Lavishing every attention and honour on the five Totonacs, the Spanish general pondered over their proposal with thankful heart. This Mexican empire, then, outwardly so strong and united, had enemies already within its gates! His keen eye saw here an invaluable aid to the foreign conqueror. Promising the Totonacs that he would visit Cempoalla, he gave orders to break up the encampment and prepare for the march northward. This command enraged still more the discontented soldiers, who, going in a body to CortÚs, called him a traitor and demanded to be taken home. To their surprise the general at once consented, and ordered the whole army to be in readiness to embark the following day.
And now in fury rushed to the general's tent all those bold spirits who wished to be led to Mexico. "Are we to be dragged back now?" they cried, "when we stand on the threshold of a golden empire!" All night the uproar continued, until the ardour of the bold so infected the waverers that by the next morning an almost complete revulsion of feeling had taken place. When it came to the point hardly a man wished to renounce the treasure so nearly within his grasp, and unanimously they besought the general to go forward. With well-simulated reluctance CortÚs gave way. "Since you so much wish it," he said, "I will found a settlement in this new country for the glory of the Spanish name. But no unwilling soldier shall aid me. Whoever wishes may return to Cuba!" With ringing cheers the army prepared for its onward march.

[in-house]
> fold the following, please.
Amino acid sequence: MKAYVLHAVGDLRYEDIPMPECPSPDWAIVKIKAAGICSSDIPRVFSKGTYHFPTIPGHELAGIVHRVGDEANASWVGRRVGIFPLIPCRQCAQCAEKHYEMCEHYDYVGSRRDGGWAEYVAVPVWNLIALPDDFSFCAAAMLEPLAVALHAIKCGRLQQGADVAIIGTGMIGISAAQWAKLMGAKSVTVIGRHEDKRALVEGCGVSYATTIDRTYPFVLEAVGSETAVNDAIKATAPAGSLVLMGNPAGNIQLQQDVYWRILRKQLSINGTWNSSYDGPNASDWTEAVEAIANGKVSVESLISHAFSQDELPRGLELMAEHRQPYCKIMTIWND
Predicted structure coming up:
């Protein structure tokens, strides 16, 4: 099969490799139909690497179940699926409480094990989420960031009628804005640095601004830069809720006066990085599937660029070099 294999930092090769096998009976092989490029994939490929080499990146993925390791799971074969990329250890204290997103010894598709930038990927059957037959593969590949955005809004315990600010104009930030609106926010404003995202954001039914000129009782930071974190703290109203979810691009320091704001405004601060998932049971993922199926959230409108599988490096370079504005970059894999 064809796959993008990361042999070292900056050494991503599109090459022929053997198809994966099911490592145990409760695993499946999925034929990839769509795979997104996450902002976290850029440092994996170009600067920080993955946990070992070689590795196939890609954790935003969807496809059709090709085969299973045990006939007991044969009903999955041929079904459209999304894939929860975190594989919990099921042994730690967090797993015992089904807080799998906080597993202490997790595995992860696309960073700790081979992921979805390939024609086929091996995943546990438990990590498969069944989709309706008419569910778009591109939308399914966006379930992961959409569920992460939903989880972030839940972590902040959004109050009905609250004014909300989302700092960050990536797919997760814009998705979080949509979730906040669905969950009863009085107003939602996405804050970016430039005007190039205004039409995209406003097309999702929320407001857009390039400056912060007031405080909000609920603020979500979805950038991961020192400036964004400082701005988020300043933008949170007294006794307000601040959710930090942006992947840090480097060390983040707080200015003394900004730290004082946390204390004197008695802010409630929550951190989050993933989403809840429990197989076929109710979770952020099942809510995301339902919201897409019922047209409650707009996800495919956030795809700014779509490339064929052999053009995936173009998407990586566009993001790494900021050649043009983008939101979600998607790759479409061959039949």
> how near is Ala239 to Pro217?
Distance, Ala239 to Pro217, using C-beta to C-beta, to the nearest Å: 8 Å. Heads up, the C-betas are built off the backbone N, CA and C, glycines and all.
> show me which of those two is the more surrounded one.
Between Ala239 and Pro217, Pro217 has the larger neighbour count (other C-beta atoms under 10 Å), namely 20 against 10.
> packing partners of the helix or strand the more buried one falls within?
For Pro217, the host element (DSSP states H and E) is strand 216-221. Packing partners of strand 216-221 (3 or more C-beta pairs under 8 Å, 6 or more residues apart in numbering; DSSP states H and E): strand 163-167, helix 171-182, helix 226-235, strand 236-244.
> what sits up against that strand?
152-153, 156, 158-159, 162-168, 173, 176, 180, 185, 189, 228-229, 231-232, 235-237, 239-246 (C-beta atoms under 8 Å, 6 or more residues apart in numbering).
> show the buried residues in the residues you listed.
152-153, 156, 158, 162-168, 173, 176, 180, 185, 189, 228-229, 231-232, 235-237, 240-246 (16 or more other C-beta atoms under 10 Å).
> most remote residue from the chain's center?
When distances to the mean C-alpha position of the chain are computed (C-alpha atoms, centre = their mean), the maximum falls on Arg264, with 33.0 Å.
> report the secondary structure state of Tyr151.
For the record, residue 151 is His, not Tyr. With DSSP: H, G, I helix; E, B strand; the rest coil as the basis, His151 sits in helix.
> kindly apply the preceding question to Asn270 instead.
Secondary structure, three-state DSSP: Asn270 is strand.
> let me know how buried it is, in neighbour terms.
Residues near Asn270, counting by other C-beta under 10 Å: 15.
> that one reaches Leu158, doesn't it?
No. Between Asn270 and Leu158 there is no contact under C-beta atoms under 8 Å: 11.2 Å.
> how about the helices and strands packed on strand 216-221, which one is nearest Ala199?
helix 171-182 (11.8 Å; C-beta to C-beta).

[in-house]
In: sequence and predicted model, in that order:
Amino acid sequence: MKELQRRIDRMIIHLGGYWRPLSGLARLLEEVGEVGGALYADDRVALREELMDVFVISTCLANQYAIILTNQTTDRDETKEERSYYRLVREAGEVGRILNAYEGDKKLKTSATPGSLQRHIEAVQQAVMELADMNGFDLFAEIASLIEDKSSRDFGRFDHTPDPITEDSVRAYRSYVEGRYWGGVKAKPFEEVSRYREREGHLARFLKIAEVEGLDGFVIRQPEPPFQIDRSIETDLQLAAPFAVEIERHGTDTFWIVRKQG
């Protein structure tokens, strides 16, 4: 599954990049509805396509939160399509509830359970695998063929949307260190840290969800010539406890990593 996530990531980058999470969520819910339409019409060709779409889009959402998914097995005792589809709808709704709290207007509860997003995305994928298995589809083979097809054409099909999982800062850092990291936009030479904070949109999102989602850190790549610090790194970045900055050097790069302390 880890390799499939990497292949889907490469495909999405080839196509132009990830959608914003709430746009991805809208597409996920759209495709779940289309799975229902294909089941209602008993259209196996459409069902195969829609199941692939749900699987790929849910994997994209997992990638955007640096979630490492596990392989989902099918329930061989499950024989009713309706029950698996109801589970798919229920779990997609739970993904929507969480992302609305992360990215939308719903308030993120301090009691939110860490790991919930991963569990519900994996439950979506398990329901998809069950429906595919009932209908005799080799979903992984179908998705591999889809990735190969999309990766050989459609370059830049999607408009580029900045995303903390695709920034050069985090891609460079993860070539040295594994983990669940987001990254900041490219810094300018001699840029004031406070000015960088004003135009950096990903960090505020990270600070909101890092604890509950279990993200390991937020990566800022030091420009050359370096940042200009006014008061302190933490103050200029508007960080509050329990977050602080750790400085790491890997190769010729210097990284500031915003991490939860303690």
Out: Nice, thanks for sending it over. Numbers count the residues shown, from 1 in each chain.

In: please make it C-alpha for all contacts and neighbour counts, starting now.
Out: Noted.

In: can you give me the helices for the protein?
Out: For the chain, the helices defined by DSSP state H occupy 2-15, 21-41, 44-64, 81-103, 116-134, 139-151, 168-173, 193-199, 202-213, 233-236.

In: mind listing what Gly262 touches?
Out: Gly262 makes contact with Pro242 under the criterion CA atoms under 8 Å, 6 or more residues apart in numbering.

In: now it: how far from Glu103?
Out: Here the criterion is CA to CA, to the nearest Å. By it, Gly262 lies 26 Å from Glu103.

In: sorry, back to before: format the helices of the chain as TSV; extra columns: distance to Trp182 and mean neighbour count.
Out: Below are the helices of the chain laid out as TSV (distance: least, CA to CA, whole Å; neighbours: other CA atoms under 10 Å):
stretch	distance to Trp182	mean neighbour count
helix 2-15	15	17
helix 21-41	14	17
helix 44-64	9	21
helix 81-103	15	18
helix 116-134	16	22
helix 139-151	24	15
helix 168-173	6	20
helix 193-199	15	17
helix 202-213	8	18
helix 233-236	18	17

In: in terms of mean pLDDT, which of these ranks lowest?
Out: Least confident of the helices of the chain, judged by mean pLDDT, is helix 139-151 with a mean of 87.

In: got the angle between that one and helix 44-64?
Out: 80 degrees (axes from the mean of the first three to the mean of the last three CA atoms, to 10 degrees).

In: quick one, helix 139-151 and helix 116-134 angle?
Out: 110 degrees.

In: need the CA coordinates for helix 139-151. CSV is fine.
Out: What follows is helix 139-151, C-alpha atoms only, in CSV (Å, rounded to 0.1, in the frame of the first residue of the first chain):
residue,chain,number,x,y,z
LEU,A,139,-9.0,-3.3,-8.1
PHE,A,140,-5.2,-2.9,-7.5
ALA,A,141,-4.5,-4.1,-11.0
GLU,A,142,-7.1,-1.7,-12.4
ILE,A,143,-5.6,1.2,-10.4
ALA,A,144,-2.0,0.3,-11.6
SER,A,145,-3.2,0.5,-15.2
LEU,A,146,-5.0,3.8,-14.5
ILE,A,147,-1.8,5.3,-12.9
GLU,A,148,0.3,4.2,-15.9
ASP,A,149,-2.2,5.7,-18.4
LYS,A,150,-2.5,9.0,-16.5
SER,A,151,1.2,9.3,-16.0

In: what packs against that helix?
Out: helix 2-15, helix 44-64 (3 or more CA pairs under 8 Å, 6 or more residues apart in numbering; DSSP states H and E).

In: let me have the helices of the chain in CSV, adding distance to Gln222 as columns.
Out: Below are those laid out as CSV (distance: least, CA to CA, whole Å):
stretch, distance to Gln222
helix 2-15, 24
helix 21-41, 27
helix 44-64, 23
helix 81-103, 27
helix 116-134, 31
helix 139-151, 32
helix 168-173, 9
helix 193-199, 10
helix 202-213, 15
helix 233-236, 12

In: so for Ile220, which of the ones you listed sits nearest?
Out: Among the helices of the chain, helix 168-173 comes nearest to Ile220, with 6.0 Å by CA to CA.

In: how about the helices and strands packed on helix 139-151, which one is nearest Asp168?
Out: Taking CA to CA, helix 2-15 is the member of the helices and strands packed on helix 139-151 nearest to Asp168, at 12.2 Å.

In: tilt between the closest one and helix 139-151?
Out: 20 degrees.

Ever ready to strike while the iron was hot, CortÚs proposed to elect at once the civil magistrates for the projected colony, which was to receive the name of Villa Rica de la Vera Cruz. Two alcaldes were appointed,—one a personal friend of the general, the other an adherent of Velasquez. Then followed the elections to the minor offices. When all was settled CortÚs, cap in hand, presented himself before this new municipal council and resigned the office which he had received from Velasquez. Not a word was spoken until their former leader had retired, then with one consent the councillors, in the name of his Catholic Majesty of Spain, re-elected him as Captain-General, with the added honour and title of Chief Justice to the colony.